Nancy Reisman’s new novel, Trompe L’Oeil, published

Nancy Reisman has published a new novel entitled Trompe L’Oeil. Reisman’s novel, published by Tin House Books, received an enthusiastic early review in the Sunday New York Times. Reviewer Julie Myerson wrote that she found in Trompe L’Oeil a “sense of newness and possibility, of light and color, of almost reckless narrative daring. Rendered here, you feel, in startling and almost painterly form is life itself.”

Myserson’s verdict was clear. “Genuinely satisfying, heart-shaking novels combine an absolute narrative authority with an apparently effortless style. You question nothing, savor every phrase and nuance, live willingly within their pages from the first word to the last. They can also be slippery things: impossible to wrap up or pin down. Just read it, you urge the uninitiated, already envying them the experience to come. Nancy Reisman’s second novel, “Trompe L’Oeil,” is one such book.”

3 Vanderbilt writers in Best New Poets 2015

Tiana Clark

First year MFA student in poetry, Tiana Clark, and two recent graduates of the Vanderbilt Creative Writing Program, Lisa Dordal (MFA 2011) and Edgar Kunz (MFA 2015) have learned that their work will be included in Best New Poets, an annual anthology edited in 2015 by the Pulitzer Prize winning poet Tracy K. Smith. The anthology includes poems by 50 of the country’s most promising emerging writers, writers who have not yet published a book-length poetry collection.

Smith selected Clark, Dordal, and Kunz’ work from poems 1) nominated by literary magazines and writing programs and 2) submitted in an open internet competition. Professor Kate Daniels, director of the program, observed in response to the news, “We’re busting with pride over here.”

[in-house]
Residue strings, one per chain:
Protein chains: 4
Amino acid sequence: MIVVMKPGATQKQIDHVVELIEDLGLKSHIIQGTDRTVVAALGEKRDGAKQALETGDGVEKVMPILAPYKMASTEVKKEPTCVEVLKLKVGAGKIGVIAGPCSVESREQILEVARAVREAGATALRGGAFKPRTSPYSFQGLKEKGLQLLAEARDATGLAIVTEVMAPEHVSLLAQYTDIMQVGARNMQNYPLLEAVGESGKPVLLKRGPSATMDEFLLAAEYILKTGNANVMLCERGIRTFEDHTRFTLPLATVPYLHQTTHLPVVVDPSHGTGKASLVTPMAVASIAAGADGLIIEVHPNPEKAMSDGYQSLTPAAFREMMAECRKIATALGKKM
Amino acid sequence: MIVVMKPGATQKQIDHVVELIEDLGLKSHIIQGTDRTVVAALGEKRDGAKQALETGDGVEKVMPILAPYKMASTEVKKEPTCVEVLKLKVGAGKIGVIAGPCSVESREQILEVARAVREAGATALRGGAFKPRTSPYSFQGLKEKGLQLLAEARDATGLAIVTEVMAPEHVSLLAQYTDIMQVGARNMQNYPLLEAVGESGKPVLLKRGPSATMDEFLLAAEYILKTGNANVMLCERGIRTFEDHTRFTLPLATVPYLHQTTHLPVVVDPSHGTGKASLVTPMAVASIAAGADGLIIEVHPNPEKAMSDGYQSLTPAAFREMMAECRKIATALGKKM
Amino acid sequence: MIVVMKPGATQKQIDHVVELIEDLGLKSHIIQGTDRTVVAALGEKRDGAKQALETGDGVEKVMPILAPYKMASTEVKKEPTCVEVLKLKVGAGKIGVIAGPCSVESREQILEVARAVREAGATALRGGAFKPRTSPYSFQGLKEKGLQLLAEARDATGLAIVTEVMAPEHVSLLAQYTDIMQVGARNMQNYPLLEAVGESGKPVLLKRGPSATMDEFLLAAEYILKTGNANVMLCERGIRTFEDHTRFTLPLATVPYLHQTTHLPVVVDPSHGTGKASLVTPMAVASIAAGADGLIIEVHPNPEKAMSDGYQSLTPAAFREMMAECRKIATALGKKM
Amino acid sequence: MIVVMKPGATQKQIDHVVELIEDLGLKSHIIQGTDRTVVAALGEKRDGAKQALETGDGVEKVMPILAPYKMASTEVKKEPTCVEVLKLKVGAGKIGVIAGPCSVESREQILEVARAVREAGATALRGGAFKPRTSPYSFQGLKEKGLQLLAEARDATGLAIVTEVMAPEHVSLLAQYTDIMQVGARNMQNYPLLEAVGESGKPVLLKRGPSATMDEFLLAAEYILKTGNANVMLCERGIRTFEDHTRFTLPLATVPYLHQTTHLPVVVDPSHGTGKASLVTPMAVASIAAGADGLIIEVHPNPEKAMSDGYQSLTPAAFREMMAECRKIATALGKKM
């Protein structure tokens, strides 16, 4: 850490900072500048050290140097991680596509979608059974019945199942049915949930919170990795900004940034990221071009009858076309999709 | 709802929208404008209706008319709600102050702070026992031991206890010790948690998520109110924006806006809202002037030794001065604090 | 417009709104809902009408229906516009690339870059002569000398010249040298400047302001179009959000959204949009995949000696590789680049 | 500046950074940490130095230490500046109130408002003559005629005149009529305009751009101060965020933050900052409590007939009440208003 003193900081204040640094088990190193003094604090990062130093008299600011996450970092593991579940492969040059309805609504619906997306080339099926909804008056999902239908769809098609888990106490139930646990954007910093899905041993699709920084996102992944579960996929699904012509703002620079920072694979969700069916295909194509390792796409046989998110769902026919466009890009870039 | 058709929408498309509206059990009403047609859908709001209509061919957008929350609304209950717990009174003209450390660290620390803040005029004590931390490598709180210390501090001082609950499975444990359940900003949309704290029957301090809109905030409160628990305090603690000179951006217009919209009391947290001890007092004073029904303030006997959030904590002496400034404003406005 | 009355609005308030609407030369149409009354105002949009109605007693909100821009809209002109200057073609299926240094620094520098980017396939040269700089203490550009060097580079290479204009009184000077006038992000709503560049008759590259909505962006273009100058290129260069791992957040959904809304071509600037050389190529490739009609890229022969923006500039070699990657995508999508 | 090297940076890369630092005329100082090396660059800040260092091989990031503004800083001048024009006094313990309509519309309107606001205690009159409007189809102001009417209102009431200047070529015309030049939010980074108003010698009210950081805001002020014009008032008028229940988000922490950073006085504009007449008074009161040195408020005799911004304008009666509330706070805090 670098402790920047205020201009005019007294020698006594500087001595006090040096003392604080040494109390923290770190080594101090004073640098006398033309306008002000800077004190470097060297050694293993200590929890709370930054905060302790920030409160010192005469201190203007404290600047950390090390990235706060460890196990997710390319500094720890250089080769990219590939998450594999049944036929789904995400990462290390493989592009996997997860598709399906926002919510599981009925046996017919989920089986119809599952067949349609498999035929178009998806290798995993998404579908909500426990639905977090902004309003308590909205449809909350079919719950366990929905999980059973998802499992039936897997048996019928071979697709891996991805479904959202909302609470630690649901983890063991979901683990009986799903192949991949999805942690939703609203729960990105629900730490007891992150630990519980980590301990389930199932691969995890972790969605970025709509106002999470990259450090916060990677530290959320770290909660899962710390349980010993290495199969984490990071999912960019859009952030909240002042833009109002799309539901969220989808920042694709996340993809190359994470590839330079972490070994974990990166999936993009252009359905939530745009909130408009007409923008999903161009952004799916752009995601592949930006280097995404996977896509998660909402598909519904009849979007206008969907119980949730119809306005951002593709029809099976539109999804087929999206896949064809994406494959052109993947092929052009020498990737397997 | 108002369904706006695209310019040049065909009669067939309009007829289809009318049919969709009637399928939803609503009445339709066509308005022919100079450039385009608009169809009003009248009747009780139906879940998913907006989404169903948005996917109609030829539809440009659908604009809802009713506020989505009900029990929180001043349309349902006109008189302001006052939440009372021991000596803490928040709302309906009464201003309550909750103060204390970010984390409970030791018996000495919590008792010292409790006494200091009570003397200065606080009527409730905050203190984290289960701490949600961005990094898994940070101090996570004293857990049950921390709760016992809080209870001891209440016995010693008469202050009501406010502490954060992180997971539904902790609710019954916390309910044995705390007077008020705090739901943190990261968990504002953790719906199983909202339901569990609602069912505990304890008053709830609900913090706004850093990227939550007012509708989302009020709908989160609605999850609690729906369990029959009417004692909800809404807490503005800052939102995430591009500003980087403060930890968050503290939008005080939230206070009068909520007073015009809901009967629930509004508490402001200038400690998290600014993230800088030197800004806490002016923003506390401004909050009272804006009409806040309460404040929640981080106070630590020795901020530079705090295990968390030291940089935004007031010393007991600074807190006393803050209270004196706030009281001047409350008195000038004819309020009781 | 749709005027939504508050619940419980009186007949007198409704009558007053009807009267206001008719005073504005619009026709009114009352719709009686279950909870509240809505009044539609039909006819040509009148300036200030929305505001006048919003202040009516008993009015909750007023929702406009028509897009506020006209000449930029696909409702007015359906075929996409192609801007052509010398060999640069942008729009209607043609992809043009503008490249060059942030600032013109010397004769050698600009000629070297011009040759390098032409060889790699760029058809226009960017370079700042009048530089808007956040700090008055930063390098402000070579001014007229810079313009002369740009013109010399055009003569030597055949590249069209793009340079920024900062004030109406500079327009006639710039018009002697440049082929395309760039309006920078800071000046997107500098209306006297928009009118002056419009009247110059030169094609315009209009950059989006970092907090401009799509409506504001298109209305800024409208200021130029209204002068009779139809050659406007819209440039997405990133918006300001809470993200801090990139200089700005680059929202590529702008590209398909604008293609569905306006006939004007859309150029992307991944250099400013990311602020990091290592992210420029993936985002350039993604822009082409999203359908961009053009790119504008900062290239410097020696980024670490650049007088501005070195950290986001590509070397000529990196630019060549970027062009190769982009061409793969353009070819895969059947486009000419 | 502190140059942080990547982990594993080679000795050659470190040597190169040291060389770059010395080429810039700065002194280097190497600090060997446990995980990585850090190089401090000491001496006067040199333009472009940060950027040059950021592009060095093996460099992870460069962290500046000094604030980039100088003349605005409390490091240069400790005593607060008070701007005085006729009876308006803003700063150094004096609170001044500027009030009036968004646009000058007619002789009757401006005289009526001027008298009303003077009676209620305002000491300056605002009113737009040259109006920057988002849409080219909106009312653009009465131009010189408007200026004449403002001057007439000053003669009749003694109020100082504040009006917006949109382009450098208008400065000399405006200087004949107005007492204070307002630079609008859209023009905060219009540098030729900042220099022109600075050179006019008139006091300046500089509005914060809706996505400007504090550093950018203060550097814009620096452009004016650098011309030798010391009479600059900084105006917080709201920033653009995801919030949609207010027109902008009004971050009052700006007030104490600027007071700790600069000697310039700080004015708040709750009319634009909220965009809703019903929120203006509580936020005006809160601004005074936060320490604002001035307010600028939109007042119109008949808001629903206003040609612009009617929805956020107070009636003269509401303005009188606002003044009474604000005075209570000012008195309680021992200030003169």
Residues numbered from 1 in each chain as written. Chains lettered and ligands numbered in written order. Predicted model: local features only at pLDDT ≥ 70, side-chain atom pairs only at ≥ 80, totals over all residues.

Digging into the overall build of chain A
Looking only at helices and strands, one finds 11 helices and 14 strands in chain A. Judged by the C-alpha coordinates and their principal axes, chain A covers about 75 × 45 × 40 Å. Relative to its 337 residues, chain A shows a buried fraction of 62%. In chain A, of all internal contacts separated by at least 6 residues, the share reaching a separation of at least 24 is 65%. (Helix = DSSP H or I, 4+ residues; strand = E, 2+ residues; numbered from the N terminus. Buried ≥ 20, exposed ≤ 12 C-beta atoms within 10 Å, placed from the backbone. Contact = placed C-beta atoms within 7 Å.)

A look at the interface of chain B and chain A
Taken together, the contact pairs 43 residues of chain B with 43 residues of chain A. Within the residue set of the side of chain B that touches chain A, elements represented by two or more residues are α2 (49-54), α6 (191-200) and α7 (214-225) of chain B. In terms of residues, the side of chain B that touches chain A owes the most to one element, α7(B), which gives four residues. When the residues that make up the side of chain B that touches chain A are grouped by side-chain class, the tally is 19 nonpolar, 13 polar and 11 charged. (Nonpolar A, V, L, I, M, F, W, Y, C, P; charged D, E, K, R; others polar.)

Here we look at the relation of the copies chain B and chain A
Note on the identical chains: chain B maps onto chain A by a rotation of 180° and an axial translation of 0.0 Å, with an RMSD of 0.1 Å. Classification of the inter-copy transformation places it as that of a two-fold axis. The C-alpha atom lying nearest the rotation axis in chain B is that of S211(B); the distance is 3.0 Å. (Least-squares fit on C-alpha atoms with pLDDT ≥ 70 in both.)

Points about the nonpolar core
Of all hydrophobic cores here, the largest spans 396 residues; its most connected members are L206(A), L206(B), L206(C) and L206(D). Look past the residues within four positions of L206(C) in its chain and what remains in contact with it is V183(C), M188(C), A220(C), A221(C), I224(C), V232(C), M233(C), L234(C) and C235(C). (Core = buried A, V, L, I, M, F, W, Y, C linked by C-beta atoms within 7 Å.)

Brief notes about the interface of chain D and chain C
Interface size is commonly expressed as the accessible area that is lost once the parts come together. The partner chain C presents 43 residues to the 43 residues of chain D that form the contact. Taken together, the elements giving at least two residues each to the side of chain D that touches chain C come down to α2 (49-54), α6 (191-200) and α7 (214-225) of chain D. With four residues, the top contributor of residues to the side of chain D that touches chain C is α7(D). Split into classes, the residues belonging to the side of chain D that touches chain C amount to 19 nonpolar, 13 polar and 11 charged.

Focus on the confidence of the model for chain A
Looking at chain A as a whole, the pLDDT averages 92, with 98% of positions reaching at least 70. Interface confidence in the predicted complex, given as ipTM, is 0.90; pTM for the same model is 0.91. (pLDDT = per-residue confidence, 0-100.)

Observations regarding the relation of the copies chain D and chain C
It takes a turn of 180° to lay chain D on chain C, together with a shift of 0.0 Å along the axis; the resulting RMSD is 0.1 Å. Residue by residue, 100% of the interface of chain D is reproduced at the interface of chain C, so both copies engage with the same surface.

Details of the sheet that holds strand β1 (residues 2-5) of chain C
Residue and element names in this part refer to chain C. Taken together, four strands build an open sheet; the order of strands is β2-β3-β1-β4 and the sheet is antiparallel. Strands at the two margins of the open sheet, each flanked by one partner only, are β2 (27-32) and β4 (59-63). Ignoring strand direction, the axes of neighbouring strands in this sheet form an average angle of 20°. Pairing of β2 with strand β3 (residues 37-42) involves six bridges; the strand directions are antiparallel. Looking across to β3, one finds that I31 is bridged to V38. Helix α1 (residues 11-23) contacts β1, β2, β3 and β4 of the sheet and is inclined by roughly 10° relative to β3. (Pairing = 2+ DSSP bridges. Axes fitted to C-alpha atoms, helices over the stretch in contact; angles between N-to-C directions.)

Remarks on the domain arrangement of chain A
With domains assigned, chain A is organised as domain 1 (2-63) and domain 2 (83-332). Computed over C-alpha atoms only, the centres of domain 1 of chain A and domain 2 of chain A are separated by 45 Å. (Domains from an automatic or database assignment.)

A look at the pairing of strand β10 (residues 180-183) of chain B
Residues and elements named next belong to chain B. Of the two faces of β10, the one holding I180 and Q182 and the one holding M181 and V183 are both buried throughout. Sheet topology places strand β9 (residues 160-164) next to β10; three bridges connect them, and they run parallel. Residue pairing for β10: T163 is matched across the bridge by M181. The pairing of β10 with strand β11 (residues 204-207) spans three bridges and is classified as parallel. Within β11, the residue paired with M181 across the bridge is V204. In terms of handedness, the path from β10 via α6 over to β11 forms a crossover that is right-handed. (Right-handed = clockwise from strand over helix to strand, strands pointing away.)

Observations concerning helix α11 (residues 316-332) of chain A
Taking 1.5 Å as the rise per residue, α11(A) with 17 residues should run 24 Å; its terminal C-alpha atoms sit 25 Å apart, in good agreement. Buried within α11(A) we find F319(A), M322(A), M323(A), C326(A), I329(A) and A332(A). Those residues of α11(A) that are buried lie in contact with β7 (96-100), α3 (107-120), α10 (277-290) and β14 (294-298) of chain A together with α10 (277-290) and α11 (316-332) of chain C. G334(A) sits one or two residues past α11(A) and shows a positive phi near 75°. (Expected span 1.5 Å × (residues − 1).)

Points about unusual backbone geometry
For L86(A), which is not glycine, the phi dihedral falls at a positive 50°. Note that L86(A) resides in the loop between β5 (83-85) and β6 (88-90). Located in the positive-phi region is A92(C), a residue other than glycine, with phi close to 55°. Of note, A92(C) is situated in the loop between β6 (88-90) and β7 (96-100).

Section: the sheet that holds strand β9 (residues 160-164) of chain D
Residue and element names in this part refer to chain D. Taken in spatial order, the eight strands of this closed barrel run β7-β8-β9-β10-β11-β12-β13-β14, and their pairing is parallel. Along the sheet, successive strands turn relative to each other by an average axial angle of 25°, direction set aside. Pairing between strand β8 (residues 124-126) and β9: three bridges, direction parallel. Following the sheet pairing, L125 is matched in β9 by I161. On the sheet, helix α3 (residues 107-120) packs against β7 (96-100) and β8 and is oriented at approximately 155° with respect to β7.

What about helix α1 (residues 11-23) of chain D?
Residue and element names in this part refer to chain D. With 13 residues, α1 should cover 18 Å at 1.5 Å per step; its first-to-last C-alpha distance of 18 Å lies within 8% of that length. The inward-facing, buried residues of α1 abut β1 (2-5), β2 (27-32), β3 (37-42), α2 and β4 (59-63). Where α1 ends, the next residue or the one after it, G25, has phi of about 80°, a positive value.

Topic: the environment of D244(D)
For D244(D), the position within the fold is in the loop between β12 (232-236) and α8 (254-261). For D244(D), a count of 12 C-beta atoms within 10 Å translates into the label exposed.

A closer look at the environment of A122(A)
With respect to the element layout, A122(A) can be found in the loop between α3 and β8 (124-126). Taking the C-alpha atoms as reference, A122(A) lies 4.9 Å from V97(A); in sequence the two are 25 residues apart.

Edgar Kunz

Video of Natasha Trethewey reading at Vanderbilt

Image result for natasha tretheweyWatch and listen to a reading given by former US Poet Laureate Natasha Trethewey on March 19. Trethewey starts to read about five and a half minutes into the video after an introduction by MFA grad student in poetry Alicia Brandewie.

MFA graduate Matt Baker publishes novel with Little Brown

Medium

Matthew Baker, MFA 2012, has published If You Find This with Little Brown.  Called “lively, entertaining and satisfying” by Kirkus Reviews, the book, marketed for children from 8 to 12 years old, is Baker’s first novel.   Baker, who came to Vanderbilt with the MFA class of 2011, held a Third Year Fiction Fellowship in 2011-2012.  He was a Fulbright Fellow in Ireland in the year after graduation.


“Smugglers caves, graveyards, ghost houses, seances, and…maps come together to make an intriguing mystery for the group to solve as the characters wrestle with their past selves in hopes of a better future. The story is enhanced with musical and mathematical notations (terms like “forte” and “piano” appear as subscript throughout, modifying actions and dialogue), giving readers a glimpse into Nicholas’s impressive brain and adding an unusual layer of interest and beauty to debut author Baker’s storytelling.”

Publishers Weekly

New poetry collection, Do Not Rise, published by Beth Bachmann

Vanderbilt faculty member Beth Bachmann has released a new collection of poetry.  The book, Do Not Rise, published by the University of Pittsburgh Press, won the Poetry Society of America’s Alice Fay di Castagnola Award.  To read early reviews, click this link.

A review by Lisa Russ Spaar in the L.A. Review of Books observes:

Swerving among a range of expository, interrogative, and imperative modes, the effect of which, as John Cage put it, is to “demilitarize” and at the same time agitate the text, and sampling from a range of army manuals, war poems and letters, wilderness manuals, and (pop) cultural sources like Garden and Gun: Soul of the South magazine and Pierre Laszlo’s Citrus: A History, these edgy, elusive, disturbing poems seem created out of the umbral depths of war’s perpetual shadow (“the day breaks not; it is my heart”). In their fragmented, telegraphic utterances, the poems seem to want to be more than “about” post-traumatic stress; they want to create in words an experience of it….In the case of the poems in Do Not Rise, Bachmann seems to want to train the eye to work like a mind ruptured by violence…